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Sermon 4: Be Jesus

Sermon 4 of 4: Be Jesus, by Justin Rossow (Comparison/Contrast Structure)

The sermon notes for this manuscript can be found here.


“Jesus must be cheating.”

I know—that doesn’t sound very pious. But I think that, whether we are consciously aware of it or not, our typical response to any suggestion that we emulate Jesus, or imitate Jesus, or be conformed to the image of Jesus for the sake of others—any time we are invited to “be Jesus,” I think that we think: “Jesus must be cheating.”

I mean, Jesus is so loving, he is so kind, he is so powerful yet humble. Of course he is going to resist temptation! Of course he’s going to lay down his life for his friends! Of course Jesus can do all kinds of miraculous signs of the Kingdom, and love his enemies, and save the world: he’s God, for crying out loud!

So when I am asked to do any of the things Jesus did, when I am called on to resist temptation, or to love my enemies, or humbly engage in the powerful work of the Kingdom, my first reaction is to let myself off the hook by seeing the God/Man Jesus and saying, “Of course Jesus can do that! He’s God. And I’m not.”

In other words, Jesus must be cheating: sneaking in a little divine power to resist the devil; pulling off a second-person-of-the-Trinity magic trick to point to the Kingdom; playing his God-in-the-flesh card whenever the going got too tough for his flesh.

So when Carl Medearis or anybody else invites me to “be Jesus,” I take that invitation with a grain of salt. I mean, I can be maybe a little bit like Jesus once in a while, but he’s God, and if I’m honest, I kind of think that gets me off the hook.

The only problem with downplaying Carl’s invitation to “be Jesus” is that Jesus makes much the same invitation: “As the Father has sent me, I am sending you.” “As I have loved you, so you must love one another.” “Very truly I tell you, whoever believes in me will do the works I have been doing, and they will do even greater things than these…”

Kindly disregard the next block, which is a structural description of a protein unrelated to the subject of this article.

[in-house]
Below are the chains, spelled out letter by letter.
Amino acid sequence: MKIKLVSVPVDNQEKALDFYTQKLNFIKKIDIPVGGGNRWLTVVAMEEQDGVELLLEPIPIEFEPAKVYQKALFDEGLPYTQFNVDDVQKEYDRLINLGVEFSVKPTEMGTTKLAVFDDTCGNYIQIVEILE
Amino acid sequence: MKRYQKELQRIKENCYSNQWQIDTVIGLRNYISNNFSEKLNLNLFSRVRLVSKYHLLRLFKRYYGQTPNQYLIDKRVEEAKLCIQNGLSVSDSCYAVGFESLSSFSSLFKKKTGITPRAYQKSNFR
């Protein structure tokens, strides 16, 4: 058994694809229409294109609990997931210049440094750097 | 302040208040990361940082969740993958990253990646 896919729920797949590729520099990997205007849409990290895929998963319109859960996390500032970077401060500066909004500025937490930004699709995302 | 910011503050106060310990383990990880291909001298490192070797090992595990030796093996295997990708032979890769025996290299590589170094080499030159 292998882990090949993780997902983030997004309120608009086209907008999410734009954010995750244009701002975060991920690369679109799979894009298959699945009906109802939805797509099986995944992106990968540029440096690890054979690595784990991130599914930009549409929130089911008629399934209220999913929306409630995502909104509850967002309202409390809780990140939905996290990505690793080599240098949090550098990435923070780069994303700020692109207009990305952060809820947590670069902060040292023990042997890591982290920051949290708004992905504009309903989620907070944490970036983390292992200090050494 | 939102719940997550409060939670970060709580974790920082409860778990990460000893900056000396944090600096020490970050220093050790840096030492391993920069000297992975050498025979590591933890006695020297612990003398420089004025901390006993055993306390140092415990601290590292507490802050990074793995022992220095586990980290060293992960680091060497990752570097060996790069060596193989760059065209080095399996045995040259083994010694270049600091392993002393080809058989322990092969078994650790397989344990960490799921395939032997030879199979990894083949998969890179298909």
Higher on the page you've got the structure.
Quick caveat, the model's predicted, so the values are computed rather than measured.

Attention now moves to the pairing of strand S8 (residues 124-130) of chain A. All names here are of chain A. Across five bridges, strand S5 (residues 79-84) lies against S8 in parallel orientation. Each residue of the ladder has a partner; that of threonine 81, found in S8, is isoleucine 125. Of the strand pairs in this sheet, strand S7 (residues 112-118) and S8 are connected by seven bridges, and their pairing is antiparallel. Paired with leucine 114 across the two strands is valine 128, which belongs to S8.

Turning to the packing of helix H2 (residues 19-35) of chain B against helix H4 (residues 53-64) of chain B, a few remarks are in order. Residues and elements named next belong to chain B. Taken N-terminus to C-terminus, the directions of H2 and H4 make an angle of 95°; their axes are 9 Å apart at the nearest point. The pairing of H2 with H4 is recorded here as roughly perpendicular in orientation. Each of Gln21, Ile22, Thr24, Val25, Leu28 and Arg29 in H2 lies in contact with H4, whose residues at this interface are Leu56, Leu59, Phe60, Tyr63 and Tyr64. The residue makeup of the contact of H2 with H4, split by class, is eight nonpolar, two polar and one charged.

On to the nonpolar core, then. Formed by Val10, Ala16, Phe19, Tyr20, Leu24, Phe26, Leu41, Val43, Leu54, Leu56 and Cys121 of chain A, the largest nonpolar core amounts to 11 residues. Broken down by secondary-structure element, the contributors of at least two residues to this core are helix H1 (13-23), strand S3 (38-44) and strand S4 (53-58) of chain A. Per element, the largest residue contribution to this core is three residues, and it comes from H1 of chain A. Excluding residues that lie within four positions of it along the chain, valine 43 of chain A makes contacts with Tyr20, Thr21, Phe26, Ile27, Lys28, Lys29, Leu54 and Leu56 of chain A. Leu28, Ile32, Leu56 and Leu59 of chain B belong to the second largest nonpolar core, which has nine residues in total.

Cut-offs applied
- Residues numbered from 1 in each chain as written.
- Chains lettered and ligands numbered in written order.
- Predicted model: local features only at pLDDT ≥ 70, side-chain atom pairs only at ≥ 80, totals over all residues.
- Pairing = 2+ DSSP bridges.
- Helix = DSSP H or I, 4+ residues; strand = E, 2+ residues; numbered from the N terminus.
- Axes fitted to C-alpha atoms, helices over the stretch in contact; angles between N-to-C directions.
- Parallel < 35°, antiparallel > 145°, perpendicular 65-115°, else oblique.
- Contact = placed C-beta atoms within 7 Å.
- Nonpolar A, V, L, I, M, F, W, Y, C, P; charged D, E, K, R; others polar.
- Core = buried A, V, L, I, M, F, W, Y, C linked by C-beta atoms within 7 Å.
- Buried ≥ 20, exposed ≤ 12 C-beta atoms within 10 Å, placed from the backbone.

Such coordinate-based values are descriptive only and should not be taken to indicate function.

If JESUS thinks I should be like Jesus, then maybe I need to reconsider who exactly this Jesus is, and how exactly I am supposed to be like him.

A. Jesus receives the Spirit (and so do I)

One of the defining features about Jesus is that he is the Messiah, the Christ. That title—Messiah in Hebrew, Christ in Greek—simply means “The Anointed One.” Jesus is the promised Anointed One, the special representative of Yahweh who would receive and bear the very Spirit of God.

Come Holy SpiritI like this [Image of the Baptism of Jesus][1] because it captures the descent of the Holy Spirit. Remember, when Jesus was anointed at his baptism, he was named the beloved Son of God, and the Spirit descended on him like a dove. Jesus came to the waters where people were being baptized for repentance. Jesus stood in the place of sinners to fulfill all righteousness. And Jesus was declared the unique and beloved Son, who received the Holy Spirit and lived out the rest of his ministry carrying the special presence of that Spirit.

So in the one sense, you are not like Jesus at all. He is the unique Christ of God, the anointed Messiah, God’s one and only Son. But it another sense, precisely because Jesus stood in the place of sinners—because Jesus took your place, Jesus invites you to take his place. Because Jesus received and carried the Holy Spirit in a unique way, he became the one who was authorized to pour out the Spirit on all people, universally.

That’s what’s going on at Pentecost: Jesus himself, the Anointed One, the Anointed-with-the-Spirit One, is pouring out his Spirit on his followers. I love this baptism image because it could be the baptism of Jesus, with the descent of the Holy Spirit like a dove, or it could be Pentecost, with tongues of red fire dancing in the blowing of the Spirit wind.

It looks as if this person is almost inhaling, or drinking deeply of the Spirit. It reminds me of what Paul would later write: “For in one Spirit we were all baptized into one body—whether Jews or Gentiles, slave or free—and we were all given the one Spirit to drink.”[2]